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Languages 2020/2/21 18:04
My Japanese is bad, is it necessary to be know Japanese to visit in Japan?
by JapanLover (guest)  

Re: Languages 2020/2/21 20:11
To visit as a tourist? No. There are a lot of English language signage around stations and major tourist attractions, and lately more and more train station staff speak English if you want to stop to ask questions.
by ....... (guest) rate this post as useful

Re: Languages 2020/2/21 21:50
I would venture that 99% of tourists know no Japanese, or only know "arigatou gozaimasu", "ohayougozaimsu" and the like.

Even among the foreign residents, there are quite a lot who even after years speak only a very rudimentary Japanese.

You'll be totally fine as a tourists.
by LikeBike rate this post as useful

Re: Languages 2020/2/21 22:12
Don't worry. You will be fine. Several of my work mates have done just this. I would say that it's much more important to be able to use chopsticks :) If you are concerned then Google translate or similar on your phone can be a great help.
by Stan Norrell rate this post as useful

Re: Languages 2020/2/21 23:46
If you stick to major cities like Tokyo, Kyoto, Osaka, Fukuoka, and Hiroshima, and other places where many tourists go (for example, Nikko or Kanazawa or Hakone), you wonft have any serious problems. This doesnft mean you wonft occasionally have issues or some frustration. But nothing that would ruin your trip.

In the more remote and less well-known parts of Japan there will be a lot less support for foreign tourists (less signage in English, on-board train announcements in Japanese only, not many tourist information centers, etc.) Even then, you wonft be unsafe, but you could experience a higher level of frustration. I donft see any reason to include such places in a first-time itinerary, though. There are many wonderful places you can go where you can get by just fine without any Japanese. And even in the major cities, especially Kyoto, there are a lot of sites you can visit that arenft crowded, so you donft have to head to the hinterlands to get away from people. Go where the basic infrastructure (transit, hotels, restaurants, tourist information centers) is well developed, and then you can pick sites that donft attract many visitors, if you wish.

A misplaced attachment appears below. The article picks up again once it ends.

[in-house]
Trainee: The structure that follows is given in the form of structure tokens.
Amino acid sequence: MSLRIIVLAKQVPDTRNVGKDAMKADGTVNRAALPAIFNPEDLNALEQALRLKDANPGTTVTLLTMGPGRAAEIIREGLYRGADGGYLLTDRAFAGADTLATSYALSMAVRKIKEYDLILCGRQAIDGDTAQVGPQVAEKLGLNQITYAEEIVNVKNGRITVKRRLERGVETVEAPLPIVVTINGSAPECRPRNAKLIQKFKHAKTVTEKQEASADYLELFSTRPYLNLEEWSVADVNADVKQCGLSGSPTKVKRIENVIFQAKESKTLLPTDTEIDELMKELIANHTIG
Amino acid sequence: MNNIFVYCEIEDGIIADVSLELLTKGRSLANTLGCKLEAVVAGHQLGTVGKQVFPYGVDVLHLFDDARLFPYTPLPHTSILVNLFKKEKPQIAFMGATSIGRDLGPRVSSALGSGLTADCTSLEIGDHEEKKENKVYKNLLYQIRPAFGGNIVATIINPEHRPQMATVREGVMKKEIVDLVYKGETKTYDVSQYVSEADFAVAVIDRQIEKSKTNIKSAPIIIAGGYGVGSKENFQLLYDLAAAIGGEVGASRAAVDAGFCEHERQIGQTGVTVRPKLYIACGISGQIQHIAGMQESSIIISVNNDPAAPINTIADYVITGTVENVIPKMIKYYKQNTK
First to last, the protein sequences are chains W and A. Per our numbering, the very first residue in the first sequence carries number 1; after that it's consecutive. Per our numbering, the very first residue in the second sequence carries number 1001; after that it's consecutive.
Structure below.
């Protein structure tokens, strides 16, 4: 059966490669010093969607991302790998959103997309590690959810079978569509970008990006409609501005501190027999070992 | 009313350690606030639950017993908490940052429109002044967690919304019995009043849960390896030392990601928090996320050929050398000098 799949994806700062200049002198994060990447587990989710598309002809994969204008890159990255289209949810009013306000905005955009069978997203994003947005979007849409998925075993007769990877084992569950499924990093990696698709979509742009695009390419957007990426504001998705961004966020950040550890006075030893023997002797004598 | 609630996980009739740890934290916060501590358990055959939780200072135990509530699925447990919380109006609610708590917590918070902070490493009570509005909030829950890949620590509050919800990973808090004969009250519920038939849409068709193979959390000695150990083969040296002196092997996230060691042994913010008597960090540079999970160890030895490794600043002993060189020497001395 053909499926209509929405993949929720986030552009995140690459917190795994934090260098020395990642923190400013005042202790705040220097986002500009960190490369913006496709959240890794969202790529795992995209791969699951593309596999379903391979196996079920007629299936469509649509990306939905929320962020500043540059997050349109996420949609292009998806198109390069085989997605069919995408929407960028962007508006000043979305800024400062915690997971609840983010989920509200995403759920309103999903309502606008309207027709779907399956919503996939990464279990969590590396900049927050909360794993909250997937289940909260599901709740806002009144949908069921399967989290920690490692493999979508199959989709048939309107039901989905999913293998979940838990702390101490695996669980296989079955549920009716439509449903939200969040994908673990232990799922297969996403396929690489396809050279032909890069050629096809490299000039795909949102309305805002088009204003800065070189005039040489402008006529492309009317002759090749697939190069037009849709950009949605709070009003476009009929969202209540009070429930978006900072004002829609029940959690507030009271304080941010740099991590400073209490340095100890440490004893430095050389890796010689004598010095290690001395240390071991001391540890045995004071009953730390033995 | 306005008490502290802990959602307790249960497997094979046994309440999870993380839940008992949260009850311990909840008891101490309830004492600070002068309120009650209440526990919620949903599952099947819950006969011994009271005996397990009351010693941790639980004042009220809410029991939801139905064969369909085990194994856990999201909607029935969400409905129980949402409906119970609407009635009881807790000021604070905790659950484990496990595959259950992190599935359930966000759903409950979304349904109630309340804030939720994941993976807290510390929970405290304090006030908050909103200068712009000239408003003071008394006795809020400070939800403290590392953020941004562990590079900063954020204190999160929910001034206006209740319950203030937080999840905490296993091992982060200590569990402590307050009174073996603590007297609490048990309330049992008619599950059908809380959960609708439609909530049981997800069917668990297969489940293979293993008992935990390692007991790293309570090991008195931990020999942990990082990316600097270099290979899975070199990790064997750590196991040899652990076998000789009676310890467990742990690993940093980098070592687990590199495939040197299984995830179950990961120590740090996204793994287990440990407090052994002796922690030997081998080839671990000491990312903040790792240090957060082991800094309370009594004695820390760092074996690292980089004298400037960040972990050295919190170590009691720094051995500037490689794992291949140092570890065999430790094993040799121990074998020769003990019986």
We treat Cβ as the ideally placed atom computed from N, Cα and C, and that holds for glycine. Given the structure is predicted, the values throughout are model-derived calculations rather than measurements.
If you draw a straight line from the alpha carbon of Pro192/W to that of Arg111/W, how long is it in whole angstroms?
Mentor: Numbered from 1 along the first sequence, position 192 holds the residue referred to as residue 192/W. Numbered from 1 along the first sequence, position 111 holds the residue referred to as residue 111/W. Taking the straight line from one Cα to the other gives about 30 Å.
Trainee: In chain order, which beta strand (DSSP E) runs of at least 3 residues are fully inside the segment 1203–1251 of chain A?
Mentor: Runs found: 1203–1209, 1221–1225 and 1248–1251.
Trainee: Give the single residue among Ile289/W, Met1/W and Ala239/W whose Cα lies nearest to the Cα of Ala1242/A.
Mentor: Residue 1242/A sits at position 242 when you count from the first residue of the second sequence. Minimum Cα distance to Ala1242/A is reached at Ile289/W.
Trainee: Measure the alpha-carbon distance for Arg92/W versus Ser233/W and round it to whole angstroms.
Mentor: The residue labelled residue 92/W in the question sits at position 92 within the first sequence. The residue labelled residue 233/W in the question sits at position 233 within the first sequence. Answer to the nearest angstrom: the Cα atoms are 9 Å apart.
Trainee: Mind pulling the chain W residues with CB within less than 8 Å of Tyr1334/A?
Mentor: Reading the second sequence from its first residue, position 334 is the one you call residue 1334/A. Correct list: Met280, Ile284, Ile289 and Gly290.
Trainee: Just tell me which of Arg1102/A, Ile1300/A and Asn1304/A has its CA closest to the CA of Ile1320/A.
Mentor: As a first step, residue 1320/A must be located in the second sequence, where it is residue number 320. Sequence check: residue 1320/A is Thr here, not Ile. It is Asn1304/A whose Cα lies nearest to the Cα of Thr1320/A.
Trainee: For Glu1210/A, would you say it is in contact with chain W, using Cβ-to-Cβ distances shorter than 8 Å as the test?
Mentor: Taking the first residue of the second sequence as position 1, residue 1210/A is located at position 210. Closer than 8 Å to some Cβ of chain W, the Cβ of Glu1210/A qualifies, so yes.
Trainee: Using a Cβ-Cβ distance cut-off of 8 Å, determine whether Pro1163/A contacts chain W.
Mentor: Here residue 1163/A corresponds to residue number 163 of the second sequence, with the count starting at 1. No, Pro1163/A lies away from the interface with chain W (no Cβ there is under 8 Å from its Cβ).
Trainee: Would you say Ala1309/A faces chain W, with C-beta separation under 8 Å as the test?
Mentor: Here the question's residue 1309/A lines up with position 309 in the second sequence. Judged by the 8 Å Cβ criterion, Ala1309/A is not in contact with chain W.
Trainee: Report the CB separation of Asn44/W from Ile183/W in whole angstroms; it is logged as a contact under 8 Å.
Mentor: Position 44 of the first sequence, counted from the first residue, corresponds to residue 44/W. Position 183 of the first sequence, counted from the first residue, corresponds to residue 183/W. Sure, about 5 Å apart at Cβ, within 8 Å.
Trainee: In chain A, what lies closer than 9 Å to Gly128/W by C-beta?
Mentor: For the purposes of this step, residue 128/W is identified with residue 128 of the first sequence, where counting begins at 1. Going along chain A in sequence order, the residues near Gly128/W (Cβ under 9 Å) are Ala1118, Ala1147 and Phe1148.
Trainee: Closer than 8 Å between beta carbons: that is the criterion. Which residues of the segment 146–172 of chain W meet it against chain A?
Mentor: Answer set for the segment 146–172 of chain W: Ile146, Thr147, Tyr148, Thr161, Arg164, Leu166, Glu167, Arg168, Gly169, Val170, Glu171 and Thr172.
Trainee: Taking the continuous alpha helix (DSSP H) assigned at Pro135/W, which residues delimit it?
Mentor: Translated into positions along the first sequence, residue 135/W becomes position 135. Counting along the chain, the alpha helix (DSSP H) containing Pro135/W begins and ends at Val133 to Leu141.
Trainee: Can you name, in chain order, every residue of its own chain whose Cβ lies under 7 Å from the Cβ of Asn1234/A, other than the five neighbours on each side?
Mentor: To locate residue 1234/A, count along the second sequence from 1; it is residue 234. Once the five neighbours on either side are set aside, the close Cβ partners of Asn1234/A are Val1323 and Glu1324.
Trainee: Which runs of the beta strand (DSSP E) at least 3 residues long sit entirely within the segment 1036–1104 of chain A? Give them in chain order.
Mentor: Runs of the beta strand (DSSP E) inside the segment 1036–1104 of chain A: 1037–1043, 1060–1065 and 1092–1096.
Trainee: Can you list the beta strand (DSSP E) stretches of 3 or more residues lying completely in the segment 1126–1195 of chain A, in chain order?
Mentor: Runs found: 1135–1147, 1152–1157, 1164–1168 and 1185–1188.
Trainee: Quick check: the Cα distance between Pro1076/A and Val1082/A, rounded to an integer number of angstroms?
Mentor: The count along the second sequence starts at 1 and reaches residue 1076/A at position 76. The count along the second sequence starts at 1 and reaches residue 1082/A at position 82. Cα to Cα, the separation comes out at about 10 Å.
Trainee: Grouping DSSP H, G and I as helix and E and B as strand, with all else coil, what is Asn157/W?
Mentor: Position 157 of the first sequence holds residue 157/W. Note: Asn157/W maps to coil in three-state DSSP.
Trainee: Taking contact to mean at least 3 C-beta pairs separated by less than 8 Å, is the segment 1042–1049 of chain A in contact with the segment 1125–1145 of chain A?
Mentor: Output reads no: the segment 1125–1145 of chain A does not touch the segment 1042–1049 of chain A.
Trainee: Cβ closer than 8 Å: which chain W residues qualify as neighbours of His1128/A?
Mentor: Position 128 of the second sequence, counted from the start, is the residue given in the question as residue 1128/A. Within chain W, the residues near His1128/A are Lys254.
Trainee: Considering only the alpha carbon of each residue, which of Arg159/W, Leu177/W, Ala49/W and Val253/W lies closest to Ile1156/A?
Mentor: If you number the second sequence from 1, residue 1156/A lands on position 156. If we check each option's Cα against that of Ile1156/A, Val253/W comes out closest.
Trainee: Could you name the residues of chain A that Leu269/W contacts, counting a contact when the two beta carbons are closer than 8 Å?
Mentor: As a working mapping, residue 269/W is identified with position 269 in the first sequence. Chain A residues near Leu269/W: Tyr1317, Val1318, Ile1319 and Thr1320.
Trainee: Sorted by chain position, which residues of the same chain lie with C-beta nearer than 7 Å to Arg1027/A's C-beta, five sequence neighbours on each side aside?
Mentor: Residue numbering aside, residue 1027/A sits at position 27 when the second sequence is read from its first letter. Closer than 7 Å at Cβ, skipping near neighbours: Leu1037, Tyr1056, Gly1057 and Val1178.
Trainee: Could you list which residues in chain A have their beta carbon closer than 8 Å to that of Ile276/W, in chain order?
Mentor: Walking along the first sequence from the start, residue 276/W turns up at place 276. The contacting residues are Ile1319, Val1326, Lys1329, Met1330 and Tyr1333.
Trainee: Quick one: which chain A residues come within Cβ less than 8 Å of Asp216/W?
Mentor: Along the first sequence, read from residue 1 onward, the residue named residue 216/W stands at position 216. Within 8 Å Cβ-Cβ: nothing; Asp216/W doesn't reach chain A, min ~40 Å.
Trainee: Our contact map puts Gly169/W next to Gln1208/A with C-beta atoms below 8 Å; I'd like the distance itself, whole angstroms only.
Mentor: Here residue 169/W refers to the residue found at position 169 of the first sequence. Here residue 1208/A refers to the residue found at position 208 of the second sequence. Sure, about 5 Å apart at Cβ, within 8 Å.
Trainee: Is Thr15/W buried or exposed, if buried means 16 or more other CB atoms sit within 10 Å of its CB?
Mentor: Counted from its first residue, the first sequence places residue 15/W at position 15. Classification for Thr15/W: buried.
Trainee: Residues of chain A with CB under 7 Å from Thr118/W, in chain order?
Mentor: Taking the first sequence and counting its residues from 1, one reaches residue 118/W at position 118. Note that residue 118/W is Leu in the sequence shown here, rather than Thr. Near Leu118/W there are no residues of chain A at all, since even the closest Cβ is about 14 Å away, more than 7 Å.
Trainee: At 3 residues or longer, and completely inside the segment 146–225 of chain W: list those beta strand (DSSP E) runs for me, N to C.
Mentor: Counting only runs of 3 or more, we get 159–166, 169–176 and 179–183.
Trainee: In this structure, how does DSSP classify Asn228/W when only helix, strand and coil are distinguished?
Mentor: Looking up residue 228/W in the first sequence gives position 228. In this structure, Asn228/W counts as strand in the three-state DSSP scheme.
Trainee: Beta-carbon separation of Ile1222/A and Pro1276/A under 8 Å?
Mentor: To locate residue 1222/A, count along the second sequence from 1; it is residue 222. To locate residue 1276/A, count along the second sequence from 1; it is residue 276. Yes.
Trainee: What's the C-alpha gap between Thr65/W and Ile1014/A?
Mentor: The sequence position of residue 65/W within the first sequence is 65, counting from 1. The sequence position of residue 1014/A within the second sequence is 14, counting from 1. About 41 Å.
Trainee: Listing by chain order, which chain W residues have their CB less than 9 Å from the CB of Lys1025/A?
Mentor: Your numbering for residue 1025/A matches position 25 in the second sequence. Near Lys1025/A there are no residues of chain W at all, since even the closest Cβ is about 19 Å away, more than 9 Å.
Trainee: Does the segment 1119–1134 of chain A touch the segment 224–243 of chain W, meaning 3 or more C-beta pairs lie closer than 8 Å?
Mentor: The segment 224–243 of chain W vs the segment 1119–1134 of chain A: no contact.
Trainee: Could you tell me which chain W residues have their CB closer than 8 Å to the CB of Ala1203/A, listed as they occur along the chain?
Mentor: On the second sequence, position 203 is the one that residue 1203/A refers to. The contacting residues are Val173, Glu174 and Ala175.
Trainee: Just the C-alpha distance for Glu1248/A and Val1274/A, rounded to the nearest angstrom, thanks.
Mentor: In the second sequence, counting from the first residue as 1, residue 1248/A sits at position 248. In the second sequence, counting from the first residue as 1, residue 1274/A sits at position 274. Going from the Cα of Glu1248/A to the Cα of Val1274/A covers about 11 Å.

That said, you should do your homework ahead of time, have a well-researched itinerary and some backup provisions, and have some resources available for help if you need it (for example, a translation app and also a Help hotline number such as the JNTO Visitor Hotline https://www.japan.travel/en/plan/hotline/). The more you need to make last-minute changes and decisions on the fly, the more likely it is that you could get in a situation where the language barrier gets in your way.
by Kim (guest) rate this post as useful

Re: Languages 2020/2/22 08:40
Foreigners with no Japanese managed to travel through Japan 30 years ago without internet and with much less English around. Itfs all in your head.
Eg my mother Traveller around Japan alone for a week or so 25 years ago (no Internet, no mobile phones, no google maps) and managed to change some hotel reservations on the go and even went to far flung places like Hagi speaking no Japanese and no English but only a German dialect. But she wanted to be understood and she definitely was understood.

But if we all would need to learn the languages of all the countries we travel to the world would be full of polyglots (and probably a better place).
by LikeBike rate this post as useful

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